We note that in January 2022, the Redbook Average Wholesale Price (AWP) price of Xtandi was $130 per 40 mg capsule/tab. For a standard dose of 160 mg/day, this comes to $520 per day, or $189,800 for a 365-day year, for a government funded invention that treats one of the three most common types of cancer.

Beginning in 2026, the IRA requires the government to negotiate prices for a handful of drugs with the highest federal spending covered by Medicare Part D. Because Xtandi patents will expire in 2027, HHS is unlikely to select Xtandi, even if it otherwise qualified. Meanwhile, U.S. residents, as patients, employers, and taxpayers, will pay the exorbitant and discriminatory price for Xtandi, until at least 2027.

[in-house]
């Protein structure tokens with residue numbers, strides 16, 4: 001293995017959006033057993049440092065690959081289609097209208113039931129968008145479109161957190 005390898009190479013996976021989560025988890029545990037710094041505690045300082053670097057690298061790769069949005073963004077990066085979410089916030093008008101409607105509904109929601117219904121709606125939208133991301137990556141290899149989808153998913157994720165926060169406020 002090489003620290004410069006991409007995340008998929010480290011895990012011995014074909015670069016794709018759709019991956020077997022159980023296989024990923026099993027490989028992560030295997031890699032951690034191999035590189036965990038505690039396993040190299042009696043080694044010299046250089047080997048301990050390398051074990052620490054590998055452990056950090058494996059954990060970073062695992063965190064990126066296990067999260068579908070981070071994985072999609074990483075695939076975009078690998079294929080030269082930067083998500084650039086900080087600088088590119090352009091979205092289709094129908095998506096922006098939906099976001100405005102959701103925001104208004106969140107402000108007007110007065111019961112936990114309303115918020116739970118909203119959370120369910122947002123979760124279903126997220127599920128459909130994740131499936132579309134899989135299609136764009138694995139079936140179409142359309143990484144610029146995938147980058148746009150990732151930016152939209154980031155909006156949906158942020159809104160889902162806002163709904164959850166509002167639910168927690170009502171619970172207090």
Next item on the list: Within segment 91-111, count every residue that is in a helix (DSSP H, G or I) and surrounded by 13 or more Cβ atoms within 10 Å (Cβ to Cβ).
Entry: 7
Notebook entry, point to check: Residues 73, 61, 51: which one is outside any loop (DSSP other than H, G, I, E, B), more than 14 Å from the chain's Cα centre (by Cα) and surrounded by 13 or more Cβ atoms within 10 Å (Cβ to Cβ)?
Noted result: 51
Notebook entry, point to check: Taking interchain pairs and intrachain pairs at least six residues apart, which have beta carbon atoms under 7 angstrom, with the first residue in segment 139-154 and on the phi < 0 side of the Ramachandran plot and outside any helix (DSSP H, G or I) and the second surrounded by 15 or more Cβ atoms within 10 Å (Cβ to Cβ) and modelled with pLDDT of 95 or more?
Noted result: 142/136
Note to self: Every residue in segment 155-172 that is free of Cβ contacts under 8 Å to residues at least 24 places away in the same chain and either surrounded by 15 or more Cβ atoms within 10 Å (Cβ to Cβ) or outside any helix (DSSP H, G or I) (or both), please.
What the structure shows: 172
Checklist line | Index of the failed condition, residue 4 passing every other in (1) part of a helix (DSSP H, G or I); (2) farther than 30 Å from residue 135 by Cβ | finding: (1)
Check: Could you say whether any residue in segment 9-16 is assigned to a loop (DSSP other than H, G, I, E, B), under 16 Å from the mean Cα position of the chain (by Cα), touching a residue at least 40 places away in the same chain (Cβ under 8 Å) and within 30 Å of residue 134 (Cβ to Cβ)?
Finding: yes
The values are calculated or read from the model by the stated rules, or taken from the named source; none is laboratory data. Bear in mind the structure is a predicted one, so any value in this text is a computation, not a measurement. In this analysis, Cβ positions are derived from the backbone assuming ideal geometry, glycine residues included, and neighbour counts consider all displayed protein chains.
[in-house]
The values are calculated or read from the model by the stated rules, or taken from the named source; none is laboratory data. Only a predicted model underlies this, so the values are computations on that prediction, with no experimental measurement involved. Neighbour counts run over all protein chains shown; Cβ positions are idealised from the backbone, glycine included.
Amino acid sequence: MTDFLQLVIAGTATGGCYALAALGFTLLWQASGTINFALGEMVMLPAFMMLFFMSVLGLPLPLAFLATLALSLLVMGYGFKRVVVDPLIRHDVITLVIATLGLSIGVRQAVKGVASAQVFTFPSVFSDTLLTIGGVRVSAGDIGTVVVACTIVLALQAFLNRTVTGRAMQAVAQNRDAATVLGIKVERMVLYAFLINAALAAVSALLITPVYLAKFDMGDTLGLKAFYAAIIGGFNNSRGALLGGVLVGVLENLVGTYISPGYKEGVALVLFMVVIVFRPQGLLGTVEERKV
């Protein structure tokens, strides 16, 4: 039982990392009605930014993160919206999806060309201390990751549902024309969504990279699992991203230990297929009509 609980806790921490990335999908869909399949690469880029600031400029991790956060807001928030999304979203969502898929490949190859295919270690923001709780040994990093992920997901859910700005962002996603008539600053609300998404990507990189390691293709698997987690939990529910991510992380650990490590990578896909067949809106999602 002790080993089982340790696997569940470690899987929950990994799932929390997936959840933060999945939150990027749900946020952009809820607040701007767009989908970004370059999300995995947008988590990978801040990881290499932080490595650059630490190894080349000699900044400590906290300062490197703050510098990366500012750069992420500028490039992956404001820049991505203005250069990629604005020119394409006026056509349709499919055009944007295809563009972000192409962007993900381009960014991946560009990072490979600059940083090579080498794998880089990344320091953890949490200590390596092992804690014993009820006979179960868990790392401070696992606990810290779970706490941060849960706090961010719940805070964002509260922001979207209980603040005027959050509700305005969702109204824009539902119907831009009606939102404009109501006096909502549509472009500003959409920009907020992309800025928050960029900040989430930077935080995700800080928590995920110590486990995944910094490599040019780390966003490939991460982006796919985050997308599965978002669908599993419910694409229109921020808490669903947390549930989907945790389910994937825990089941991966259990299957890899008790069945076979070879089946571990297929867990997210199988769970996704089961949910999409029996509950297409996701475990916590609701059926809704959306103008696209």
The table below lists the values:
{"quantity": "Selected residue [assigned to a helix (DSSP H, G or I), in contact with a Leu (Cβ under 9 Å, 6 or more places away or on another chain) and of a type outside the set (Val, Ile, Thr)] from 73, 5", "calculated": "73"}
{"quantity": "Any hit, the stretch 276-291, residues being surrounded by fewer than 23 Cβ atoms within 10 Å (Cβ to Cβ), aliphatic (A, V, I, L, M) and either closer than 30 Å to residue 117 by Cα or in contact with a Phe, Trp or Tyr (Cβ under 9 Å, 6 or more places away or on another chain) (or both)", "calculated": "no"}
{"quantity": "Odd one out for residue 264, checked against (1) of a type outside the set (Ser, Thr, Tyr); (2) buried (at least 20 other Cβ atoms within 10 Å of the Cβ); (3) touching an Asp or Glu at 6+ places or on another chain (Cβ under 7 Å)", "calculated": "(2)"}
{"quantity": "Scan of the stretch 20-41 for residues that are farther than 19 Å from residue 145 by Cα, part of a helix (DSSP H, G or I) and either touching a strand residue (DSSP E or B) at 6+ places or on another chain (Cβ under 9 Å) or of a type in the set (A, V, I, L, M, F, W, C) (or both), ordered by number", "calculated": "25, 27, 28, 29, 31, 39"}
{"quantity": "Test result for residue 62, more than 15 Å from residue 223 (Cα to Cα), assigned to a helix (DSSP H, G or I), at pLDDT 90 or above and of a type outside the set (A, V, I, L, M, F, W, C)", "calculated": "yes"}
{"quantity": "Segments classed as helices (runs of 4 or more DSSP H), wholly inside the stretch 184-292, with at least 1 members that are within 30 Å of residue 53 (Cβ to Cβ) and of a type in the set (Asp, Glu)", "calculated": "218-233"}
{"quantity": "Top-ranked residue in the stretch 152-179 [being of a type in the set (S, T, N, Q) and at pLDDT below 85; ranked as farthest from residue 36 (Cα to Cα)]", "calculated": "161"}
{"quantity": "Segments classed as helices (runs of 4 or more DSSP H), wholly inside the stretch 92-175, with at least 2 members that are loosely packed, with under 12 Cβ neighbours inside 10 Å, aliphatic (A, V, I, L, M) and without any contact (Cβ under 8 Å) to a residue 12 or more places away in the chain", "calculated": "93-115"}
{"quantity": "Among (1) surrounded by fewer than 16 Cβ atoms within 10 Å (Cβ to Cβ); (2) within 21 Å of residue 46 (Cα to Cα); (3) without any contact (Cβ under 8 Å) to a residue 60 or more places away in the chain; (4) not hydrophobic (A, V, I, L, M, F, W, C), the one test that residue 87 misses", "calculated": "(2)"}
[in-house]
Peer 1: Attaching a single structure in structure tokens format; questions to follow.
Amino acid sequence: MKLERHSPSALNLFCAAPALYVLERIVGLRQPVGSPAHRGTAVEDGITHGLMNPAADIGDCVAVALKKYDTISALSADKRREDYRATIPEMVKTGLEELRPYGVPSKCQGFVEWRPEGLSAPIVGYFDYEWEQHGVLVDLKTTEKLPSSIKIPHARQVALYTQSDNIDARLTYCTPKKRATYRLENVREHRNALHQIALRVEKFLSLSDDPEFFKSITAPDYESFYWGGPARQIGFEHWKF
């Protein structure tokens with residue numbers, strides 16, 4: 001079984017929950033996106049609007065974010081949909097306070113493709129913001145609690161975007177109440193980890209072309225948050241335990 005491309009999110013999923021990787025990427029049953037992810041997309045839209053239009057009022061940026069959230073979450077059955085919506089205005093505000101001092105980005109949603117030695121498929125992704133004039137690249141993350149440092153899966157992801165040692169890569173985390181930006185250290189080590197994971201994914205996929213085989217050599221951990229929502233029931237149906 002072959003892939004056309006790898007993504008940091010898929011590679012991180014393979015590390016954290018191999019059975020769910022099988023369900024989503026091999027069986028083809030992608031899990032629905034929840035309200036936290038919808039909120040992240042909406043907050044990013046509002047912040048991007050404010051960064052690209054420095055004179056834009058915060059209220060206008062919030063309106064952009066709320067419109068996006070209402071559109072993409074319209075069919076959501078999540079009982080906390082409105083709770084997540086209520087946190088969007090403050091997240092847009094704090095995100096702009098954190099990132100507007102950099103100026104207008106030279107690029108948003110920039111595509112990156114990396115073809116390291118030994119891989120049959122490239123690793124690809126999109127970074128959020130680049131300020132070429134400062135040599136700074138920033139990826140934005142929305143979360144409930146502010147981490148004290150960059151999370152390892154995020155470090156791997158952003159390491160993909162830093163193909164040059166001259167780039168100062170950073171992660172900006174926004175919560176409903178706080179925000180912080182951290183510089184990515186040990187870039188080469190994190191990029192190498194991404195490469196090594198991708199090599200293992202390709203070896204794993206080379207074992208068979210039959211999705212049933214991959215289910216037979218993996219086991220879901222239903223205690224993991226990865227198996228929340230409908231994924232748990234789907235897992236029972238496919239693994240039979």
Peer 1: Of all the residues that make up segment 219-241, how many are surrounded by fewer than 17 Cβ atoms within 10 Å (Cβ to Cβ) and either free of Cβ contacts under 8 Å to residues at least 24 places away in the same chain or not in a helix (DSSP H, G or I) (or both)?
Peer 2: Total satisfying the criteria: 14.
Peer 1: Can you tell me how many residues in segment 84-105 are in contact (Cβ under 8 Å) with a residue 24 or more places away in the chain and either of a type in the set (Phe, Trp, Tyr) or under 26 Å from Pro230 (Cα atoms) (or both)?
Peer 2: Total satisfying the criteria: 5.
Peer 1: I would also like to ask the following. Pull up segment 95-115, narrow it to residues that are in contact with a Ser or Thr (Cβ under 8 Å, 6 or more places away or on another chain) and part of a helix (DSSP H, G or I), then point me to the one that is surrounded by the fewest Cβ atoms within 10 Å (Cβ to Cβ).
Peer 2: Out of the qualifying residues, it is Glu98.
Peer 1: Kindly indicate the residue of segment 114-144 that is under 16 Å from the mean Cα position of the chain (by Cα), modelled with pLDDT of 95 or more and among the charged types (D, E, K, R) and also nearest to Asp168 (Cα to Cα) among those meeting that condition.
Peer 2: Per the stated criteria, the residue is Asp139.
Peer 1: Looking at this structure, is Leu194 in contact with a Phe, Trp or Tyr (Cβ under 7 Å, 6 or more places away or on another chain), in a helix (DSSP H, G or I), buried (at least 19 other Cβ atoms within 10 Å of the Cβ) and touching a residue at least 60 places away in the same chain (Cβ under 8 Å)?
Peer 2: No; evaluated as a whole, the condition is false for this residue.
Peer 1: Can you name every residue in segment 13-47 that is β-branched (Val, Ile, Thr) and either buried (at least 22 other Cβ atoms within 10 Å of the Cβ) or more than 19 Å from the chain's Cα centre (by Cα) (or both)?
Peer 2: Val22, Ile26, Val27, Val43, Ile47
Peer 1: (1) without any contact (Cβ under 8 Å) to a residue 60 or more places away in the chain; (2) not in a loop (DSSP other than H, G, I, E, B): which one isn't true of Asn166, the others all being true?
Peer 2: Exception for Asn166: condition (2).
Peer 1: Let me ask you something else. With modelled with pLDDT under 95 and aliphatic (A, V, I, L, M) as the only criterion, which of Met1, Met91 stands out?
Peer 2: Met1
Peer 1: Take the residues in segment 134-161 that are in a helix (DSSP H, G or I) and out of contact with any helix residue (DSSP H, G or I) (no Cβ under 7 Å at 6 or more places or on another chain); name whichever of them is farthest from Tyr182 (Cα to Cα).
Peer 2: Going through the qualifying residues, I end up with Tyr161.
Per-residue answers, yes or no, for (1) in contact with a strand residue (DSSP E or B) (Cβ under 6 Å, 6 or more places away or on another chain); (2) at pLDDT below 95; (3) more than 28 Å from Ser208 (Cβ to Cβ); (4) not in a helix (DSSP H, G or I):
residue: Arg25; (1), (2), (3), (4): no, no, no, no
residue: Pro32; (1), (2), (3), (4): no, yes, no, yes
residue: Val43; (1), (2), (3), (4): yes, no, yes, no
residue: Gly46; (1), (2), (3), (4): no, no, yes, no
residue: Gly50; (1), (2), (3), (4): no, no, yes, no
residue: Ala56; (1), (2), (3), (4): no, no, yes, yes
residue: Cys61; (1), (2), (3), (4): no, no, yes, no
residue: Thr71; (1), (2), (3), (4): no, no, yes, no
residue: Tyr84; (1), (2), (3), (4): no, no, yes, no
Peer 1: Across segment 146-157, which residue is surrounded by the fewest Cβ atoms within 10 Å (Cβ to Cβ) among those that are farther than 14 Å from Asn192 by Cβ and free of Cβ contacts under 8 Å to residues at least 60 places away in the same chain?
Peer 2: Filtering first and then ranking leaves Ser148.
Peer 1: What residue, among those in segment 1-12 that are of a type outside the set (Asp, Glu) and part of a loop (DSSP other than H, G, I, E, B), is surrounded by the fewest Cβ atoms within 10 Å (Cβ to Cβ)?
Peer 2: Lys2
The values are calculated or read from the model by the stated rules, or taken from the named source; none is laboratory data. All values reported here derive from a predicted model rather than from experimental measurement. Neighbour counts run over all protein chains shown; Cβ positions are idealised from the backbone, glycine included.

The IRA requires drug makers to pay a rebate to the federal government if the price for a drug covered by Part D exceeds the rate of inflation (CPI-U). Astellas will still be able to raise the cost of Xtandi by more than $14,000 in 2023 alone, creating an even further disparity between the U.S. and other countries. To put this into perspective, a 7.7 percent increase in the price of AWP price for Xtandi in the U.S. would be an increase of $10.01, per capsule in just one year. The current price of the same capsule in Australia (in U.S. dollars at current exchange rates) is $21.16. If Astellas takes advantage of the 7.7 increase, the new AWP in the U.S. would be $140.01 per capsule, or more than 6.6 times the Australian price. The discrimination against U.S. residents is getting worse over time, and HHS, by refusing to act on our petition, just exacerbates the problem.